Being a parent of a teenager always has its challenges, but sometimes severe problems arise and parents need support to help their child turn their life around.
For one Western New York family, the turn from good to bad took just three short weeks. Timothy and Maripat Downey saw their son Matthew’s life make a turn for the worse when his friends left town during his sophomore year of high school. Matthew got involved with a new group of friends and subsequently got involved with drugs.
Matthew struggled with drugs for the next six years of his life, while his parents enrolled him in numerous programs and services to try to get his life back on track and out of the shackles of drug use.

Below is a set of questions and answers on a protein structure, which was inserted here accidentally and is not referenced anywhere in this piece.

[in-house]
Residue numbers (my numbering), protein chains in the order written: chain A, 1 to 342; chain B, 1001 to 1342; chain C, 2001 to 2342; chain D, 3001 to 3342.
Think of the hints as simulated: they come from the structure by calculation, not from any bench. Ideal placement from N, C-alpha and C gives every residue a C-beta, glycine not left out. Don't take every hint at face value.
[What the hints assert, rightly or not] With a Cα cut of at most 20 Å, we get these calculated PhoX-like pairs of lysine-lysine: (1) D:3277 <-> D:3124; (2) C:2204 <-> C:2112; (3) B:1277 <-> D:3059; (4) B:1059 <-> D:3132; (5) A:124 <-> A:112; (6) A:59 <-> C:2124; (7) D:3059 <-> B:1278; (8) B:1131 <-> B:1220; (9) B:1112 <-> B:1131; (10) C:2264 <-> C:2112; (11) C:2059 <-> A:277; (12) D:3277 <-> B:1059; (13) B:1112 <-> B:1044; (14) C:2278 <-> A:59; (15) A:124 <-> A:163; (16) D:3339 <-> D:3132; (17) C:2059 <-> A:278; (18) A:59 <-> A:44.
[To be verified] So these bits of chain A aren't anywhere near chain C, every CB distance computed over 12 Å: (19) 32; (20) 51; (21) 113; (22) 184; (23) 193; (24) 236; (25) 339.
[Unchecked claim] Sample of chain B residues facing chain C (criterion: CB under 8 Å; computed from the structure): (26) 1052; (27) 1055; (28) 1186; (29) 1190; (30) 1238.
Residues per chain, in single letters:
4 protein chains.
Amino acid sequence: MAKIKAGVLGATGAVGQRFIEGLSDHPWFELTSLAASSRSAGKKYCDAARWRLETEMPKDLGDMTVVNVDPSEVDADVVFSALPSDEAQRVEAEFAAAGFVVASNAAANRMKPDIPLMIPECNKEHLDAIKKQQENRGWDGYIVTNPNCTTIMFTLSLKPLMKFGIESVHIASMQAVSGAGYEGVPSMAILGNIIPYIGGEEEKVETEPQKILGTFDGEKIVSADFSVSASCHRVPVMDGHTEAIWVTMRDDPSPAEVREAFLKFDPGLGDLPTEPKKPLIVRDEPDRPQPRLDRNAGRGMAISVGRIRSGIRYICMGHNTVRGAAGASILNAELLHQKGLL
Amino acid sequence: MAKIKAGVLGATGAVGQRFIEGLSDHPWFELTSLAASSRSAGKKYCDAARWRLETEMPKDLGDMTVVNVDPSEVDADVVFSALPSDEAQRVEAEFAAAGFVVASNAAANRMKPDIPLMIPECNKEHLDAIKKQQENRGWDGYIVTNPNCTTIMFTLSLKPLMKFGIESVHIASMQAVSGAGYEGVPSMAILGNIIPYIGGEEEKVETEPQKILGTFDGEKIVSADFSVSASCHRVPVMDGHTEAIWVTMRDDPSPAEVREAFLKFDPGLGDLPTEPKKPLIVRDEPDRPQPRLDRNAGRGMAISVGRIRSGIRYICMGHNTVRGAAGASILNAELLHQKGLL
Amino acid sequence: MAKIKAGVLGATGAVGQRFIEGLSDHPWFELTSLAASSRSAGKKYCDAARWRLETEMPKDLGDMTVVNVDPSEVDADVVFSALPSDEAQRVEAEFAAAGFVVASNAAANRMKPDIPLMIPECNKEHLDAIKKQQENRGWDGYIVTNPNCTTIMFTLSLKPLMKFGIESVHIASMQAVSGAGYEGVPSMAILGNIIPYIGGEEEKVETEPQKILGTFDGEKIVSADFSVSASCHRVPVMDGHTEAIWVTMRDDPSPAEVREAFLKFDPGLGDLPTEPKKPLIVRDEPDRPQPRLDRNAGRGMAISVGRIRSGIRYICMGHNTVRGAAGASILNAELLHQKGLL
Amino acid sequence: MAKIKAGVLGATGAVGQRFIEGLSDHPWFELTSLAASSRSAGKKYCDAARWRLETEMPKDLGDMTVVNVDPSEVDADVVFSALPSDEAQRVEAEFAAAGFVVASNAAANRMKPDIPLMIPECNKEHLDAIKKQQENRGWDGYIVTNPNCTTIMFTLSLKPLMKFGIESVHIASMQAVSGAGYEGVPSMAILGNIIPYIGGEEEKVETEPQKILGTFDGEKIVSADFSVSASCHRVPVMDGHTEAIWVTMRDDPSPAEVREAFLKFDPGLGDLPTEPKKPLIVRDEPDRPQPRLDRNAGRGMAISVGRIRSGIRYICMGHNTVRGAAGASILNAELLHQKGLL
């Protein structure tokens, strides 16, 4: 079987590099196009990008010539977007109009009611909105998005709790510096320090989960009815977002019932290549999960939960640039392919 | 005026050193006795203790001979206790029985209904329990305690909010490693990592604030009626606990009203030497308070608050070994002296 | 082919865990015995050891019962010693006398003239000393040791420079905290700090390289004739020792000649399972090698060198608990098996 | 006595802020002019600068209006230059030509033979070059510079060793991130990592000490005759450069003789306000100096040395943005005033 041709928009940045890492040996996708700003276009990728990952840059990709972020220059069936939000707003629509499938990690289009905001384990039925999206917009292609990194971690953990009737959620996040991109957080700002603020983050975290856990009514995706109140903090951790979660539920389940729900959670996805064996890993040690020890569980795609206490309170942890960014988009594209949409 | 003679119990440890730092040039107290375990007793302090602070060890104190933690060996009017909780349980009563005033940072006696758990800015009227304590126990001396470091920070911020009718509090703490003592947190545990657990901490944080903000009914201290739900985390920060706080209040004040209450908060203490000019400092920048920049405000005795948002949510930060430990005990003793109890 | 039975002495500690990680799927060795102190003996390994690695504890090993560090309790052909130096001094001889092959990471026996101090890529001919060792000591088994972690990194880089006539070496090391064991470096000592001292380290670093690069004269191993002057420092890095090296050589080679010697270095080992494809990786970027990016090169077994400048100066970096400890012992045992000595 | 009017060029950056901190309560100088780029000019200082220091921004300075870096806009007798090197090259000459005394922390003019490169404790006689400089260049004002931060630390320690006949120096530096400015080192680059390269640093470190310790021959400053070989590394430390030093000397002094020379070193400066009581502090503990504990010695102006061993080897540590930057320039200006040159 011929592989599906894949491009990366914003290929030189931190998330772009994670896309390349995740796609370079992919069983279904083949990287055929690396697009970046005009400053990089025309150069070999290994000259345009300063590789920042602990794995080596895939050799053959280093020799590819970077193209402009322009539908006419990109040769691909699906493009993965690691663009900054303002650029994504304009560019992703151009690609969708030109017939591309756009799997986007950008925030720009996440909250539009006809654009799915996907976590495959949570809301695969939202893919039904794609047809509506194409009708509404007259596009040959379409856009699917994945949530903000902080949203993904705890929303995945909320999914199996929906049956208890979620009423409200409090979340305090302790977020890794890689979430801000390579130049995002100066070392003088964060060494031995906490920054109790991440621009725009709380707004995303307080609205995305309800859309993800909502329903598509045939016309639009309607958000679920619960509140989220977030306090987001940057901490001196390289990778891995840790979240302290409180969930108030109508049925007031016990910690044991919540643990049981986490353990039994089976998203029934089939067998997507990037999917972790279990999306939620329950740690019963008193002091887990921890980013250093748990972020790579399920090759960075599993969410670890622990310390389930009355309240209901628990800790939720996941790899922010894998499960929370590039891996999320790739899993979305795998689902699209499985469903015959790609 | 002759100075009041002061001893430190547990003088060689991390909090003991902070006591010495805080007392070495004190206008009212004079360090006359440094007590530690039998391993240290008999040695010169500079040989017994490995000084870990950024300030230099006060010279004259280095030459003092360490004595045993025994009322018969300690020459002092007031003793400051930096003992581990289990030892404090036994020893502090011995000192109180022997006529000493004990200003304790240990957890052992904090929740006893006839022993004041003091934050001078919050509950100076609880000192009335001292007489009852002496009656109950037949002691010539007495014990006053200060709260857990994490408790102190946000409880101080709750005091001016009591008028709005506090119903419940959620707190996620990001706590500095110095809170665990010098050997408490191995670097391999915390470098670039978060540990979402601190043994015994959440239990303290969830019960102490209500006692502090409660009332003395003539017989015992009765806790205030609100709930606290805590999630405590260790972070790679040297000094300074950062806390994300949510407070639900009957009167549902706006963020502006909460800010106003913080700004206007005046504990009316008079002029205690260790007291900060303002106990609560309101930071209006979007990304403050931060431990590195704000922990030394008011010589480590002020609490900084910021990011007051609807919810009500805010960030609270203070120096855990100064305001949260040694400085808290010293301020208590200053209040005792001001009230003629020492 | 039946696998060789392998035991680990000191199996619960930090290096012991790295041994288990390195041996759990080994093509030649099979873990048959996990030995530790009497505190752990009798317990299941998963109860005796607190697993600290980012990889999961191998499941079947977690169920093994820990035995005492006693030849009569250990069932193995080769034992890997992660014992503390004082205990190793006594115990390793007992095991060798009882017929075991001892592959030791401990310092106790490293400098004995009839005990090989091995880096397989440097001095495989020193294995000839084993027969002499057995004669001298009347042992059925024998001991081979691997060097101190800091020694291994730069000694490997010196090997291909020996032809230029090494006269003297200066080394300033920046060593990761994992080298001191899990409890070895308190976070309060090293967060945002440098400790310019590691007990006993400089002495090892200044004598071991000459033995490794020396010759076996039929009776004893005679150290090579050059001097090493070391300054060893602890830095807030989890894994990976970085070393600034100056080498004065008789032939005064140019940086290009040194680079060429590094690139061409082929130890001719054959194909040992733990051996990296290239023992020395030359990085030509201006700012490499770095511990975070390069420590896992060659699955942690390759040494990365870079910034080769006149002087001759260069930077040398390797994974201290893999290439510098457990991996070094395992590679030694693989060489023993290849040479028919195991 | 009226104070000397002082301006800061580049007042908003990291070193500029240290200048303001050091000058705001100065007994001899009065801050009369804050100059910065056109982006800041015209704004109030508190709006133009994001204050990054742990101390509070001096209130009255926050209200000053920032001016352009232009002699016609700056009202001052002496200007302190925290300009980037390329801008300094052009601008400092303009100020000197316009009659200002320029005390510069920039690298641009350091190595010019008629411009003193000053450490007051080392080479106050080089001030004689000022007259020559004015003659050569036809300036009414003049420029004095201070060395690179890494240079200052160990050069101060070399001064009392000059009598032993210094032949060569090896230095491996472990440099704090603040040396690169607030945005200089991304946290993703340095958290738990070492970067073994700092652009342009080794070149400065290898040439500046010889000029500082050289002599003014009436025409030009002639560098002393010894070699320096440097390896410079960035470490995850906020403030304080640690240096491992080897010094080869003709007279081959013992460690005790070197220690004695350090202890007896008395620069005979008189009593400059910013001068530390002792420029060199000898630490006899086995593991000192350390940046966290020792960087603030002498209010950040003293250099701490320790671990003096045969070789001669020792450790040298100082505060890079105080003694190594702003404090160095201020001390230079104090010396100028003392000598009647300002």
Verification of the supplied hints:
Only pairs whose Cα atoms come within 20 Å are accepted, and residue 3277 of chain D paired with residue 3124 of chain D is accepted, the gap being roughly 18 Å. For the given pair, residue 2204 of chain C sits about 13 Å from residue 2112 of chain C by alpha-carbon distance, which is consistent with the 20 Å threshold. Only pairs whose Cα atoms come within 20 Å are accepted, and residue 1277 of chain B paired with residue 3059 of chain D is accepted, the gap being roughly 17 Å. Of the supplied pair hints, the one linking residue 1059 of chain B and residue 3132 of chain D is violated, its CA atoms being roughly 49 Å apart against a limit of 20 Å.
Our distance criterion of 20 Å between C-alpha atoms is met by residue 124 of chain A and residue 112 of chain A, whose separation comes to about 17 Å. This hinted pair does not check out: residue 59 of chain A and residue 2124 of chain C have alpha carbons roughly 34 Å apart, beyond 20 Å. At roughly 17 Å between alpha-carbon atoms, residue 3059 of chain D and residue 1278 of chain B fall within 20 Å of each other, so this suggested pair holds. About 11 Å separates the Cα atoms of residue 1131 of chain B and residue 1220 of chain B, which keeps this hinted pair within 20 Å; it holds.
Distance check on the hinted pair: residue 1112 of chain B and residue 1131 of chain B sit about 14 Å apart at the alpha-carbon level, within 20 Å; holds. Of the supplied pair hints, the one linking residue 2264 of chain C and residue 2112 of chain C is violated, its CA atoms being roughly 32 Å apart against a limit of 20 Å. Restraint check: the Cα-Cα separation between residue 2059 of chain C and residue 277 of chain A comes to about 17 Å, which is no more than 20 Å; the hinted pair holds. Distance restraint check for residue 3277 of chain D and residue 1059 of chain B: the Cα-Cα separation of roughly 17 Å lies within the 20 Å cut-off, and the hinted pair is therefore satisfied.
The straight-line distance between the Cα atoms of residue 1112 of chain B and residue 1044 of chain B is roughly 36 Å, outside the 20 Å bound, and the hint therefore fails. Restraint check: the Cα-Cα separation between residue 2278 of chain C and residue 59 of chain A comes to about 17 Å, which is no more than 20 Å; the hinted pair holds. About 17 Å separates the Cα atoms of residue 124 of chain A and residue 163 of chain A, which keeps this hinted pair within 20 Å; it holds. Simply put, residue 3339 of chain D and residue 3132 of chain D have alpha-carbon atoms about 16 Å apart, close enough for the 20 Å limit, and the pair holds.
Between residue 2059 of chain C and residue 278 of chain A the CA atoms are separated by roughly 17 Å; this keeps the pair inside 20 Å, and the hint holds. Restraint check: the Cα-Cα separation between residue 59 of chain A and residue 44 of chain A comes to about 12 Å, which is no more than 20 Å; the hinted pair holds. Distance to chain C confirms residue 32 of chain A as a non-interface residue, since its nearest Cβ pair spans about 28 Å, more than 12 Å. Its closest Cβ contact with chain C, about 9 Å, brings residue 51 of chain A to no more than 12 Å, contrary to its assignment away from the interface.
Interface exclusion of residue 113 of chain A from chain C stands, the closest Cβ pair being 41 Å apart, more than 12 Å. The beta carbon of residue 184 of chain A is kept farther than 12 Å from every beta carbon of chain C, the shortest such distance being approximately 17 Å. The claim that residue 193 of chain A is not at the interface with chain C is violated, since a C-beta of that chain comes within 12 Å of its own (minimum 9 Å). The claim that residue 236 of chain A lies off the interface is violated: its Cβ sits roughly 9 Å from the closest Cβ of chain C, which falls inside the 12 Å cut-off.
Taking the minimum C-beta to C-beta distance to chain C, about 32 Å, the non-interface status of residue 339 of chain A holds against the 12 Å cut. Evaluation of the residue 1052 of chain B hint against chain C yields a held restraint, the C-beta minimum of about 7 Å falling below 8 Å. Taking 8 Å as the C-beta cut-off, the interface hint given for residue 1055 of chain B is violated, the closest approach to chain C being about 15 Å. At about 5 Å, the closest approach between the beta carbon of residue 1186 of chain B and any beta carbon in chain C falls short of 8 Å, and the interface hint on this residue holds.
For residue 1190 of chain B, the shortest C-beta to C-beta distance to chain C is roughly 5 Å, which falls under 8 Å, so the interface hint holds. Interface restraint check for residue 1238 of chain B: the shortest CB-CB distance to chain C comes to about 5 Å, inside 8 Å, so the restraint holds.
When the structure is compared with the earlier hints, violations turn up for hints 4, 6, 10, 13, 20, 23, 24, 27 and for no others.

“We tried many services and nothing worked,” said Downey. “We tried everything and lost a lot of money in the process.”
Eventually Timothy and Maripat convinced Matthew to get his GED (high school equivalency) through Catholic Charities’ Tomorrow’s Youth Today program, and that’s when his life began to turn around.
The program worked – Matthew got his GED, and now lives and works in New York City, plays percussion in a world music group and plans to attend college in the fall.
“What affected him was the program at Catholic Charities,” said Timothy, “The Tomorrow’s Youth Today program made the difference in his life. It reached him. It contacted him, and none of the other programs did that.”
A Former Recipient Gives Back - Ladies of Charity
Catholic Charities is celebrating 85 years of service this year, and there are people in our community who remember more than half way back to our founding in 1923. Specifically, one woman remembered a time when she and her family were in need and Catholic Charities had responded.